- In Neil Gaiman's Sandman books, we see Morpheus's death due to Desire's Evil Plan, and it's confirmed that an incarnation of Despair died once before the bulk of the comic is set, but, for the most part, the Endless fit this trope. Death and Destiny, especially.
- Because of Death's immortality, an aspect of her becomes mortal for one day each century to keep her in touch with the lives she collects. At the end of the day, the mortal form dies, and she's waiting for her.
Film - Live Action
- Almost all ghosts in Ghostbusters that are not at least a Class 7 are this, which is why they get trapped and sent into the containment unit.
- In the film Wishmaster the Djinn claims to be this, to justify why nobody can simply wish him to die- as an eternal being, he simply cannot be destroyed.
- In a similar vein, Satan in End of Days mocks The Hero for thinking he can beat him, since "you are just a man, and I...am FOREVER".
- Ramin Bahrani's short film, Plastic Bag, ends with a lamentation by the narrator that amounts to "I wish I could die."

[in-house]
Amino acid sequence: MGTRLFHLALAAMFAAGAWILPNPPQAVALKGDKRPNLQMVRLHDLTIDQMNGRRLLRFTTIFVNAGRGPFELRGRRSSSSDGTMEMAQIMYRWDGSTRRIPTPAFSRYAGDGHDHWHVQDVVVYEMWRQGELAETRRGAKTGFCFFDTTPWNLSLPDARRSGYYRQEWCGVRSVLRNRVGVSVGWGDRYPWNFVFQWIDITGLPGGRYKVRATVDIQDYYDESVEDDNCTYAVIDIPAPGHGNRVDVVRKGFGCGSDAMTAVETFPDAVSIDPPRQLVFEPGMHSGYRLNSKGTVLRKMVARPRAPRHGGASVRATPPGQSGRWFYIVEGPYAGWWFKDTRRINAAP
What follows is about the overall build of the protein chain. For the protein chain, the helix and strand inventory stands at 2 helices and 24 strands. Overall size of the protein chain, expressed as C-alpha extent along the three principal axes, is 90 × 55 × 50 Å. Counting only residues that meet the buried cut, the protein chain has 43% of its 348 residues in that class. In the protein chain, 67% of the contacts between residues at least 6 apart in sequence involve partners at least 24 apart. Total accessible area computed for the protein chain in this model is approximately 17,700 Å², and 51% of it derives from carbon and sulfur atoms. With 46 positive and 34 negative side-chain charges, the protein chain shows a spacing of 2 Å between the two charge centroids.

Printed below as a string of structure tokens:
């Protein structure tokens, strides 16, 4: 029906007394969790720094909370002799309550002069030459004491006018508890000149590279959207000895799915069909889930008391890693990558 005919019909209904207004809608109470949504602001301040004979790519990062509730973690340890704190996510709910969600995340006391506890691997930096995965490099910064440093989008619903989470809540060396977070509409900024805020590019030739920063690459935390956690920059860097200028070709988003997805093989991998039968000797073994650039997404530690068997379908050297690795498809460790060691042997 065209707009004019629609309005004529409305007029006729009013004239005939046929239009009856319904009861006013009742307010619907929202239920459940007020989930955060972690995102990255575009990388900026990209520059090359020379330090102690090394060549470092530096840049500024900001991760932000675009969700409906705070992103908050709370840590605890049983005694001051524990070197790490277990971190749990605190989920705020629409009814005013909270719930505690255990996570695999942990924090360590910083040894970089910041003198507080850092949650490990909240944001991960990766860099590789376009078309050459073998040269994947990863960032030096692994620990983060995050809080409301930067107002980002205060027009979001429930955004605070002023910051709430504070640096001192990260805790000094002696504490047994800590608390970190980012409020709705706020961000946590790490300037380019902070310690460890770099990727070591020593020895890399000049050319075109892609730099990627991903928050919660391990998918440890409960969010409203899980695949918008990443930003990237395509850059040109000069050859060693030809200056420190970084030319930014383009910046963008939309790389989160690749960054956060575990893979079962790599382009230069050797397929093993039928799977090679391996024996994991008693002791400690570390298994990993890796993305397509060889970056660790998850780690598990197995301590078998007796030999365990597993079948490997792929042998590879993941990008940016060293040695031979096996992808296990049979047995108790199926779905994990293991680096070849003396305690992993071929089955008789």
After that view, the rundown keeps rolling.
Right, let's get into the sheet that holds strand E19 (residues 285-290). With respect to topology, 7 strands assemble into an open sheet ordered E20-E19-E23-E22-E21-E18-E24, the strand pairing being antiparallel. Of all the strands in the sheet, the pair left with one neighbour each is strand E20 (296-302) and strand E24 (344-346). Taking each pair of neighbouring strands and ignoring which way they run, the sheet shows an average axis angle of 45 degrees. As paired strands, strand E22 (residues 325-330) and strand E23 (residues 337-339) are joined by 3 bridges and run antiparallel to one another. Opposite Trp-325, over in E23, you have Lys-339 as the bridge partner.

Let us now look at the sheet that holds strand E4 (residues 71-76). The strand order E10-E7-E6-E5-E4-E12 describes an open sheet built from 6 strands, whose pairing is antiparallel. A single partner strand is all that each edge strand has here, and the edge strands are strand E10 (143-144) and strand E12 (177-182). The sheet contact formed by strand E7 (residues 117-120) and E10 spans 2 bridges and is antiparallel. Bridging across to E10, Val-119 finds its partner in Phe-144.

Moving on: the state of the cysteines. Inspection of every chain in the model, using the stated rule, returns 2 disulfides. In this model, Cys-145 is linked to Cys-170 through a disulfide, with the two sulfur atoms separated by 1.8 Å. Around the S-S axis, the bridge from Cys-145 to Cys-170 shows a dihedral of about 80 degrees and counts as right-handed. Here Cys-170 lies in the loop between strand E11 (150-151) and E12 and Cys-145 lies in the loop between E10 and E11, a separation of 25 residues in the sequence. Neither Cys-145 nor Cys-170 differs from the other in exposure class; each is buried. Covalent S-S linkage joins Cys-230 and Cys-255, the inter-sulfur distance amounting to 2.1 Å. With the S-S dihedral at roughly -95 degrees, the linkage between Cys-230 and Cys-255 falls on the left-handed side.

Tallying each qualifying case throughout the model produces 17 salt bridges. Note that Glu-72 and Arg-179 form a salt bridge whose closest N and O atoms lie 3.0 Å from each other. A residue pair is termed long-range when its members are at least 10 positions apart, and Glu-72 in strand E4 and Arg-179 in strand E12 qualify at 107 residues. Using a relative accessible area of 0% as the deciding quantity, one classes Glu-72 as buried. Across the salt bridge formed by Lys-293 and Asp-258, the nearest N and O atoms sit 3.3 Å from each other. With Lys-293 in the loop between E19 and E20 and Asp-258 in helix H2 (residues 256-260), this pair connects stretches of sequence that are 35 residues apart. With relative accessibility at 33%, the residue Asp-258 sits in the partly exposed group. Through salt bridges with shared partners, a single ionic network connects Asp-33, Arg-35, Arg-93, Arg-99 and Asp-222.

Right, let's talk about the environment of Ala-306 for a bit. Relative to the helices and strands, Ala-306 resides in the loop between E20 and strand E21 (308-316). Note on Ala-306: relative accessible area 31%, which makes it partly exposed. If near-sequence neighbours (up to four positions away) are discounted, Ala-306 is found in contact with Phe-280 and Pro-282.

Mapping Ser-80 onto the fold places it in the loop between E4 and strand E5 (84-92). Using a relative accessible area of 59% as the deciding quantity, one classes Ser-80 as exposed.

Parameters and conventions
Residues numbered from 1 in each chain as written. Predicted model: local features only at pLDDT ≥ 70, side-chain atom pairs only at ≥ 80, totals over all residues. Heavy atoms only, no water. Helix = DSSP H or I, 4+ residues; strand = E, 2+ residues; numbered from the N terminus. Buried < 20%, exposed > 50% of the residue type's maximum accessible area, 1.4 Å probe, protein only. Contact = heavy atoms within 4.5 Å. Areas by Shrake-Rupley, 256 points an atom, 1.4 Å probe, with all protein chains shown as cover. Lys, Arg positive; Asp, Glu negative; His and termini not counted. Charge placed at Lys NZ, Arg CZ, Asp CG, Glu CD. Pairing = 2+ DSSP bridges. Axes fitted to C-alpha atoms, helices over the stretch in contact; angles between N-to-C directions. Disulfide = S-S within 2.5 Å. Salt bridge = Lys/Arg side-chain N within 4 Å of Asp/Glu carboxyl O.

- John Hancock and Marie Embrey from Hancock. They can be killed, however, if a specific circumstance happens: If two immortals are close to each other.
- The Tucks in Tuck Everlasting. They don't age, and nothing they've encountered yet can kill them.
- In A Canticle for Leibowitz, if the old man really is the Wandering Jew, he's got this. (He's old, but he does not age. Assuming it really is the same man over all the sections of the novel.)
- Eru from The Silmarillion and Tolkiens' other works is also this, being an Expy of God himself. The temporal, physical world was created partly for death to exist in the first place, in order to resolve the climatic conflict between Good and Evil.
- Morgoth is the only true example of this in Middle-Earth. The elves are The Ageless, and most other Valar and Maiar can have their bodies destroyed, but can just make new ones. But Morgoth turned the entire planet into his Soul Jar, meaning he literally cannot die until the end of time. Doesn't save him from being a Sealed Evil in a Can at several points, but technically he's still out there, waiting...